“Terry has expertly navigated the difficult and generally unseen job of making difficult casting decisions,” Lerch continued. That’s never an easy task.

Casting shows in a small town environment comes with a good deal of anxiety. When there’s one starring role and a room full of hopefuls that you already know by name, the pressure is on. Not for Gallagher, who once passed on her own daughter in favor of another actress for a part. They didn’t speak for a while. She was always determined to find chemistry between leads — especially romantic leads and pieces needing comedic timing. In the 2017 “Cabaret” production she cast husband and wife team Bryan and Danielle Plocki as Sally and Cliff for just that reason.

But that’s part of the professionalism that actors have come to appreciate from Gallagher. “During the shows I performed in and in “South Pacific” she treated me with respect and valued my thoughts and opinions, very generously asked me to support the cast in singing and I watched how she brought out the best in people and believed in them over and over. A true inspiration for many,” said Saraha Michelle Black.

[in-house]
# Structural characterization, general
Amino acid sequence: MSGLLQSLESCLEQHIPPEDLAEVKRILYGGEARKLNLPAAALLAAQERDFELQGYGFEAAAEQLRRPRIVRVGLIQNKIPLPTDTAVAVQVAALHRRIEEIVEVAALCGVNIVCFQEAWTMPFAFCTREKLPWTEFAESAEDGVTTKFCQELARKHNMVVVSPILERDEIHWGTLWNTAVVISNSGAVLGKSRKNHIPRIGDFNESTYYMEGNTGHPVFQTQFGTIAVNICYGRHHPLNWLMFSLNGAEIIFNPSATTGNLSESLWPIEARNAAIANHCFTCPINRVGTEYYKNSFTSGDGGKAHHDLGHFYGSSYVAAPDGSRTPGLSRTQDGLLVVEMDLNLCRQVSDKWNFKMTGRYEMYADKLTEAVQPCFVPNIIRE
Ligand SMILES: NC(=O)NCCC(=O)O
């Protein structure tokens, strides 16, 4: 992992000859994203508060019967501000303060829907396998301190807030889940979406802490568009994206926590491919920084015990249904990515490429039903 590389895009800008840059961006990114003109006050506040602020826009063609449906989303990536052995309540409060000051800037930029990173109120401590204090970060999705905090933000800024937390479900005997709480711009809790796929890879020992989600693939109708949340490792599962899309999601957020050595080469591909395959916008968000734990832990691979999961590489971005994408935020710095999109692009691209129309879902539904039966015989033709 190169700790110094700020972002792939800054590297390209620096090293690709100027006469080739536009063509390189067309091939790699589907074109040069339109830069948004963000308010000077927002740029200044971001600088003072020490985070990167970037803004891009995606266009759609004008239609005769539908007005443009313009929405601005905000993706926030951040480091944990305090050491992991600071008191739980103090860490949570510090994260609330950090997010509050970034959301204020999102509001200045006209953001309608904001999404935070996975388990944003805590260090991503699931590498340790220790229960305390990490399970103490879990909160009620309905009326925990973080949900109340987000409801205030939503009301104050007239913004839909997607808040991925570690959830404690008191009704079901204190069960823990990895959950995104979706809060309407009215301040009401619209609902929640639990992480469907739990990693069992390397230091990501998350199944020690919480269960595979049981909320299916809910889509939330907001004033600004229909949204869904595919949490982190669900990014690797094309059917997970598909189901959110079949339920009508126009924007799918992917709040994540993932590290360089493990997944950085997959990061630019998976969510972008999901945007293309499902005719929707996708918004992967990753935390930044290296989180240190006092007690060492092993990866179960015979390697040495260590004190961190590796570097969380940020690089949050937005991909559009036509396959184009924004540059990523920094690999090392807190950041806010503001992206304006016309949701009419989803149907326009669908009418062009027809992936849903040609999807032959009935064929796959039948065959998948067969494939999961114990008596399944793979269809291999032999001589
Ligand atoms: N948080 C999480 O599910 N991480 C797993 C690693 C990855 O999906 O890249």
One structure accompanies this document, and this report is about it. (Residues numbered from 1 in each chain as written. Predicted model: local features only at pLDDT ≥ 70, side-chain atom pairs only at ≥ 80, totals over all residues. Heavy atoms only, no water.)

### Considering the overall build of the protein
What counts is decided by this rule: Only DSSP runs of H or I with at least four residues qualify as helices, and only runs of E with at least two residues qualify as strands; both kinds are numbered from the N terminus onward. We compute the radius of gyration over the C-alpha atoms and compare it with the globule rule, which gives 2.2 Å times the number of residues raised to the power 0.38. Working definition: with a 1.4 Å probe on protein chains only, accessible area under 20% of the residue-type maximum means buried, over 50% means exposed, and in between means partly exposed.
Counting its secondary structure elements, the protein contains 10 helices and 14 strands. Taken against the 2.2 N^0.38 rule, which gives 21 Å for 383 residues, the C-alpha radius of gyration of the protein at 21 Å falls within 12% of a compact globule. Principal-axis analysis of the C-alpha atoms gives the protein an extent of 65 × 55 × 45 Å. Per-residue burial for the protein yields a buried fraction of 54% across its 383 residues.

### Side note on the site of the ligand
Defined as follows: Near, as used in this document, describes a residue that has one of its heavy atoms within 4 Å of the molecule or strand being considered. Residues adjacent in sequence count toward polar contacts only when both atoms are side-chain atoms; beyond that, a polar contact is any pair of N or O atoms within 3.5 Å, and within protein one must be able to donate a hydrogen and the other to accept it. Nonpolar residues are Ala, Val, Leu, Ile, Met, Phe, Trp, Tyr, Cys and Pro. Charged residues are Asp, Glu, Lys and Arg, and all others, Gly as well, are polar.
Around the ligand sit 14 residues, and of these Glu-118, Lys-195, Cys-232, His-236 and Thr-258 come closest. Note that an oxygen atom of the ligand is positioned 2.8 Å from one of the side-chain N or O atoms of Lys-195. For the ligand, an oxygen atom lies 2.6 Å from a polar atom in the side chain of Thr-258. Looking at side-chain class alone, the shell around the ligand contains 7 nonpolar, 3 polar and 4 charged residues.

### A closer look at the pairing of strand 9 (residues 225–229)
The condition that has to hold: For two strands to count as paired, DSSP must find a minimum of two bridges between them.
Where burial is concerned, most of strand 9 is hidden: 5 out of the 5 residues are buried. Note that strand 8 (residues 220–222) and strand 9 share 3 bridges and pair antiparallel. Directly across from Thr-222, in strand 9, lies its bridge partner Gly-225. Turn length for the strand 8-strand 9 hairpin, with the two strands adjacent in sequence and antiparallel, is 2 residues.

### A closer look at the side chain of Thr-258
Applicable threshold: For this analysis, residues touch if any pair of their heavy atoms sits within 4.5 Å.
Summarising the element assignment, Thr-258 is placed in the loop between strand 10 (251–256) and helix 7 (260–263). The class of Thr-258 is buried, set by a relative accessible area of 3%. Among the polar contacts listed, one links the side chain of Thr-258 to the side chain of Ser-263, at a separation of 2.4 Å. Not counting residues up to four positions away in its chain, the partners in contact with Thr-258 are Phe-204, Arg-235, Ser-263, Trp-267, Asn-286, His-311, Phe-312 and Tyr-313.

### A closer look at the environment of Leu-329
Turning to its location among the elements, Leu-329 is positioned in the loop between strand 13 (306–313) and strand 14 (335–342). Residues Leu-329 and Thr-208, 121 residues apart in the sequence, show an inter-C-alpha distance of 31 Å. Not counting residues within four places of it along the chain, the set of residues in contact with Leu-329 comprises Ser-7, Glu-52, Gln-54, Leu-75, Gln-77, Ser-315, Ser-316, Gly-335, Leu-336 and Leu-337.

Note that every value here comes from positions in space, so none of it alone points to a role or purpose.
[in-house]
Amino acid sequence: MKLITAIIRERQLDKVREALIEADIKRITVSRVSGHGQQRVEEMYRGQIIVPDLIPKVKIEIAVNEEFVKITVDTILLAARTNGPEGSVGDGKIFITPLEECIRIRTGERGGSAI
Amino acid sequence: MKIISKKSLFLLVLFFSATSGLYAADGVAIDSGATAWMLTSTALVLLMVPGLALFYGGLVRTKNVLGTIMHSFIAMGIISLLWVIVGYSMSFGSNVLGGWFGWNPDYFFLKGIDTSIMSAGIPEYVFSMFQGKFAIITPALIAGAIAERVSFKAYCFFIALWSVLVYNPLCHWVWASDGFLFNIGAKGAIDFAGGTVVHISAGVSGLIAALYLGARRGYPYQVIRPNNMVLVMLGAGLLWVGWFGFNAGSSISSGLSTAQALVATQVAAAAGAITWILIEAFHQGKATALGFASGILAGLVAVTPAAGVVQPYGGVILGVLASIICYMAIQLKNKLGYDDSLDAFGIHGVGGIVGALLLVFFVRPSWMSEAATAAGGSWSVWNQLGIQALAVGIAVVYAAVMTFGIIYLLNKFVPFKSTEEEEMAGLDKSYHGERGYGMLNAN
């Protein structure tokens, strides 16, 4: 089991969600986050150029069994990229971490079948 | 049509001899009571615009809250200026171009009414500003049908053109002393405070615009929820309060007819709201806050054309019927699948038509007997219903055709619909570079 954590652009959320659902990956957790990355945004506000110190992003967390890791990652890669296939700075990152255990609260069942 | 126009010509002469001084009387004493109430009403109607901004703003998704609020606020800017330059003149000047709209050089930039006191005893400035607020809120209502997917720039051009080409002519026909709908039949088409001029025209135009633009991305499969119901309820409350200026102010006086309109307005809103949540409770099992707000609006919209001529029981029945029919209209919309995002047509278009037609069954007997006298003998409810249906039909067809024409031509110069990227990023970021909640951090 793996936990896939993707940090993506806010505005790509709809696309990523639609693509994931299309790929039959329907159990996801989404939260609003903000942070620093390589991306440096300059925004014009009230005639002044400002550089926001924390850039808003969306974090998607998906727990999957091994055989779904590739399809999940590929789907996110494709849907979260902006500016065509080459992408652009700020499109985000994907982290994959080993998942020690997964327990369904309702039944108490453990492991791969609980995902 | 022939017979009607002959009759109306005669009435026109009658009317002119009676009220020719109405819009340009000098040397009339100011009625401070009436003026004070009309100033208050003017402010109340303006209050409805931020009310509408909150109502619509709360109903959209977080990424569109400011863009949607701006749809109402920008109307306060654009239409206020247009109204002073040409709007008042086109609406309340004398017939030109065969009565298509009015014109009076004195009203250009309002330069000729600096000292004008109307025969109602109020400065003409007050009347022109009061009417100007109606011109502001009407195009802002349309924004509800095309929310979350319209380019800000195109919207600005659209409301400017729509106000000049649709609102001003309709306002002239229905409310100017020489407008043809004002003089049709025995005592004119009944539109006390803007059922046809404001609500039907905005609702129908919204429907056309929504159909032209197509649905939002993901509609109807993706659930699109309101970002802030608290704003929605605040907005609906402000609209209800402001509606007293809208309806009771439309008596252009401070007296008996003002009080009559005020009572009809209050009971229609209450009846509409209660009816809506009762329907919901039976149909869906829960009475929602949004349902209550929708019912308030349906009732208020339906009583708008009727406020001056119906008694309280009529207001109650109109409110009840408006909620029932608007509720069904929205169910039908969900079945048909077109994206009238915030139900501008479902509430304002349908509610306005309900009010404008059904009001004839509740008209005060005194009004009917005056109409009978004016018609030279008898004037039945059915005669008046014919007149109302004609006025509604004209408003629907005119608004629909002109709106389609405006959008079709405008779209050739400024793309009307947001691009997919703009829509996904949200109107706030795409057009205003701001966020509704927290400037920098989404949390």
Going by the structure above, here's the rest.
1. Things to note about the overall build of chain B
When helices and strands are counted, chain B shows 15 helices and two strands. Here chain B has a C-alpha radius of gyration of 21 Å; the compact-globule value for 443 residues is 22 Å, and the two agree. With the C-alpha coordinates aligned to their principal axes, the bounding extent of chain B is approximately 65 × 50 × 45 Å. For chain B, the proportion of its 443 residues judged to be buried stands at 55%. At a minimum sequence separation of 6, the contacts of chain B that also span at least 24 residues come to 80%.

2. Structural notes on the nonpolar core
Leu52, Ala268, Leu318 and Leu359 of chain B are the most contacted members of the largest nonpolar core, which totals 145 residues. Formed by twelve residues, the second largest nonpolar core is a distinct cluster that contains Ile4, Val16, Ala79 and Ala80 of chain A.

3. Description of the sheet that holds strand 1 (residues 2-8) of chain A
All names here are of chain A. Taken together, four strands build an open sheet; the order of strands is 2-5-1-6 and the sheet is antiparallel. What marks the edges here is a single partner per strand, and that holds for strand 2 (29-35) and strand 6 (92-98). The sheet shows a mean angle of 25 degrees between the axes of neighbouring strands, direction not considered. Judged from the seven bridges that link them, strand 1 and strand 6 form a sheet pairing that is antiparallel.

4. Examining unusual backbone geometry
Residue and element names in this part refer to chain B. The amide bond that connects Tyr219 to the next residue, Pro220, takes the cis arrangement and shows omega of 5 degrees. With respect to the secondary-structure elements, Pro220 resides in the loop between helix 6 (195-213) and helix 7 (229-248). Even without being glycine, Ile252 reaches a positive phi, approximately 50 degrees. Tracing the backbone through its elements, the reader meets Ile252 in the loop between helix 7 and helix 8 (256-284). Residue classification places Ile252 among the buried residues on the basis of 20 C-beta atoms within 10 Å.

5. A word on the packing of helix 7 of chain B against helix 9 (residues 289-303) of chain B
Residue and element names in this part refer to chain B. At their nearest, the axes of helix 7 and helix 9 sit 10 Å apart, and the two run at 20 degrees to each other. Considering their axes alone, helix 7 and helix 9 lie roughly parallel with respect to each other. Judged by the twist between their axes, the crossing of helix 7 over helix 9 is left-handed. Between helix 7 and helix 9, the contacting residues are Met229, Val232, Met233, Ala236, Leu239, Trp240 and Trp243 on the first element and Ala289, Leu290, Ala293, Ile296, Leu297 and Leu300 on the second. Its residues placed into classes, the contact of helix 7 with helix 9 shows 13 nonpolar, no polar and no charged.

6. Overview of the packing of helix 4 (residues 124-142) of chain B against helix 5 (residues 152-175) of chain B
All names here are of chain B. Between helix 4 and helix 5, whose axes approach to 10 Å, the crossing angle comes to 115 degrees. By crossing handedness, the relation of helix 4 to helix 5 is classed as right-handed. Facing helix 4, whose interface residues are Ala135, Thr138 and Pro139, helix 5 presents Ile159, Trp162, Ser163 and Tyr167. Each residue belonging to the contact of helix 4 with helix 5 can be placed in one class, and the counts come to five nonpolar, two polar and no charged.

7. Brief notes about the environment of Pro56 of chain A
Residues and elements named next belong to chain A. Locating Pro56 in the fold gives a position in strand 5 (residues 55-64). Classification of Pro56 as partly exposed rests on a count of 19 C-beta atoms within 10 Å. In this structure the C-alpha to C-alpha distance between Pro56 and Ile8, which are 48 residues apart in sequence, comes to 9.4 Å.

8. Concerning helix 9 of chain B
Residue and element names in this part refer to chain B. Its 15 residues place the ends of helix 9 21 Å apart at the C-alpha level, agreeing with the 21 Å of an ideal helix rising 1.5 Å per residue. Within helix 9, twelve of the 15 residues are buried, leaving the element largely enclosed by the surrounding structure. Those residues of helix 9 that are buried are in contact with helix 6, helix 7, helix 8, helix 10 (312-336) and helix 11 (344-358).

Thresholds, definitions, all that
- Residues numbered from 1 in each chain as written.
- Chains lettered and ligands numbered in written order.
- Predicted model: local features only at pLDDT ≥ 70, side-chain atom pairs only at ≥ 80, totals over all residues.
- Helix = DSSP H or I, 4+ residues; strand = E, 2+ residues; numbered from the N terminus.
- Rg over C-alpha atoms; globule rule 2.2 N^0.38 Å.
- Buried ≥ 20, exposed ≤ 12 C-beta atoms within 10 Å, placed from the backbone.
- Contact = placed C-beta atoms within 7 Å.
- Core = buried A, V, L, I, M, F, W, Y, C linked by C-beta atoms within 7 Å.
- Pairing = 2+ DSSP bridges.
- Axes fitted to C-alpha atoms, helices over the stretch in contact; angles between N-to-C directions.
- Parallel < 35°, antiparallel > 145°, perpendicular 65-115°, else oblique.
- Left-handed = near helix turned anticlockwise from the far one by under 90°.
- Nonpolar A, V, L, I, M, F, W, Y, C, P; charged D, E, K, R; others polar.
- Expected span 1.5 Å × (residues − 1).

Terry Gallagher poses with her “Cabaret” cast in 2017. Photo by Kim Carroll

There are always familiar faces. There are community members who’ve worked with her for years. Like Kim West Carroll, who first met Gallagher when she was a student at Quincy High School in the ‘80s. Carroll has worked as assistant director for her, directed at QHS for her and performed as a cast member in community and FRC productions. “She has been an inspiration, a mentor and most importantly, a friend,” Carroll said.

“There are so many things running through my head to say about her but the two things that keep repeating are Mrs. Gallagher = life changer, life saver,” said actress and Pachuca Productions co-founder Tina Terrazas. Terrazas hadn’t acted before moving to Plumas County. Meeting Gallagher, learning from her and performing in her productions, changed the direction of her life. That’s a sentiment frequently echoed among her former students — bringing out abilities people didn’t know they had until she brought it out in them. Students have cited her as a second mother.